Coal Tattoo

CONSOL sells last of West Virginia mines

It was big news a couple years ago when CONSOL Energy sold its major West Virginia coal holdings to Murray Energy.  And now CONSOL, long a mainstay of West Virginia’s coal industry, has dropped this announcement, as reported by Taylor Kuykendall:

CONSOL Energy Inc. plans to divest itself of its Miller Creek and Fola mines in West Virginia, the last two coal mines the company held in Central Appalachia, by paying another producer $44 million to take the properties off its hands.

CONSOL, which has other mines run by its master limited partnership CNX Coal Resources LP in Northern Appalachia, will transfer the mines to Booth Energy’s Southeastern Land in exchange for Booth taking on $103 million in liabilities for the mines. An agreement disclosed in a U.S. SEC filing on July 25 said CONSOL will pay Booth $44 million over time, including $27 million at the closing of the sale.

CONSOL announced this move in a U.S. Securities and Exchange Commission filing yesterday. As the State Journal pointed out:

Miller Creek is still an active mine site, producing 2.1 million tons of coal in 2015, while the Fola site is idled and last produced 1.3 million tons in 2012.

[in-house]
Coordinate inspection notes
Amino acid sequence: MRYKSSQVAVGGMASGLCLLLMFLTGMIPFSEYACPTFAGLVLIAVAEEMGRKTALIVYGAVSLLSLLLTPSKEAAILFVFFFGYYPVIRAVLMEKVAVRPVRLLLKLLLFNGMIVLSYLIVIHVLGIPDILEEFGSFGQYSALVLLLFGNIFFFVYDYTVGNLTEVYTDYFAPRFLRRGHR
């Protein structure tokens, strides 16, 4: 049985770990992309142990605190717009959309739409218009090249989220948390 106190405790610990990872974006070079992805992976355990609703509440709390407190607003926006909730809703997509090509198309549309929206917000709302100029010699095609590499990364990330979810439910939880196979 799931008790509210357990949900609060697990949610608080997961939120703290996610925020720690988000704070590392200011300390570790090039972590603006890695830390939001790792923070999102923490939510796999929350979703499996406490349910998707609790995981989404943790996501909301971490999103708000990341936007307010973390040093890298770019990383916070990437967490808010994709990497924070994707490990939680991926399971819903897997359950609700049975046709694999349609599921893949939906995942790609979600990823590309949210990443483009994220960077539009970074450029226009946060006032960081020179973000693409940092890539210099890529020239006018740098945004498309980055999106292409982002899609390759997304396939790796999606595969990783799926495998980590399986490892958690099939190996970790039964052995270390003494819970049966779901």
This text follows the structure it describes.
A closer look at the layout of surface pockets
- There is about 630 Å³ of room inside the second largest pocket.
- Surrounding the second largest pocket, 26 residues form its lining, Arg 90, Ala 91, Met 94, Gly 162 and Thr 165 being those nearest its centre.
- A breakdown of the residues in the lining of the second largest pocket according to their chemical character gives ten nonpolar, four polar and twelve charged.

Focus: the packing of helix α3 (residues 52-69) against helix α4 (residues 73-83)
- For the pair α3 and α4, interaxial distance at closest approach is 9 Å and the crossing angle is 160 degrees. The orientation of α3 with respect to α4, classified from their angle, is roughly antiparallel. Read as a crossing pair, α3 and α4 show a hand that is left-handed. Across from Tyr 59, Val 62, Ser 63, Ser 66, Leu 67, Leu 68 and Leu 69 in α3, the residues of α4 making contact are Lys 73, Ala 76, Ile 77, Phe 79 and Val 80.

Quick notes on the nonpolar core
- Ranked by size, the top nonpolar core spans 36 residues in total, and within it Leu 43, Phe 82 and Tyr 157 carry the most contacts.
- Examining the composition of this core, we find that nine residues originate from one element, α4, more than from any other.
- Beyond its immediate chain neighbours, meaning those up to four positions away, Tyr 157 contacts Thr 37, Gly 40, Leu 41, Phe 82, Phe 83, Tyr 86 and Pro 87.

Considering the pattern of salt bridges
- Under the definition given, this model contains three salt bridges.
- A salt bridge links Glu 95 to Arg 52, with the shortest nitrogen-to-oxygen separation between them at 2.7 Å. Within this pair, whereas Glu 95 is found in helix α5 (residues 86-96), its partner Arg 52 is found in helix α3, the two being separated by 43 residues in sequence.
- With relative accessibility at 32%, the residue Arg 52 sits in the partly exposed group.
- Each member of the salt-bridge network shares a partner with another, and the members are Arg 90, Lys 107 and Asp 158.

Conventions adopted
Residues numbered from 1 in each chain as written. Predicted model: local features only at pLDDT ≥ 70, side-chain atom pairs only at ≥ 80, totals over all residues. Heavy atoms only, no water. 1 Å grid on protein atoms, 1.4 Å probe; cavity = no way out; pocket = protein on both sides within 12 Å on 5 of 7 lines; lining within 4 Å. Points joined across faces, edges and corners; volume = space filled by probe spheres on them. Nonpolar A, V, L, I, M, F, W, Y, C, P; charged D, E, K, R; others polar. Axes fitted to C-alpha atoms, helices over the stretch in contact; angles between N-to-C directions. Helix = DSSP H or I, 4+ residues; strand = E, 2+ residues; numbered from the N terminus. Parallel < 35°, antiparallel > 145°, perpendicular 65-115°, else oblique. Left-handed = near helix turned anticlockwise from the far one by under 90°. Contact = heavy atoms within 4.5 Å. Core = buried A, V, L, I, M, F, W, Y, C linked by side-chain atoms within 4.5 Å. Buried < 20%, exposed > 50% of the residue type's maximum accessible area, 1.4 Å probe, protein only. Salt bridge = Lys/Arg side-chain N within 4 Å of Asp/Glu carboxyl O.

The CONSOL SEC filing added:

The Miller Creek Complex is a premier asset in Central Appalachia, but no longer fits our portfolio. Taken together, the Miller Creek and Fola Complexes generated negative EBIDA in 2015 and are expected to generate negative EBITDA in 2016. These transactions constitute an important step in continuing to strengthen CEI’s balance sheet, enhancing liquidity, reducing our operational and regulatory risk profile and assisting with CEI’s transition to a pure play E&P business. In association with the transactions, the Miller Creek and Fola assets and liabilities are classified as held for sale in discontinued operations on CEI’s Consolidated Balance Sheets, their results of operations are included in discontinued operations on the Consolidated Statement of Income, and the reclassification of these assets resulted in an impairment charge of $356 million in the quarter. These assets were acquired in 2007 and the write down reflects the deterioration in the Central Appalachian coal market since then. The transactions are expected to close in the third quarter.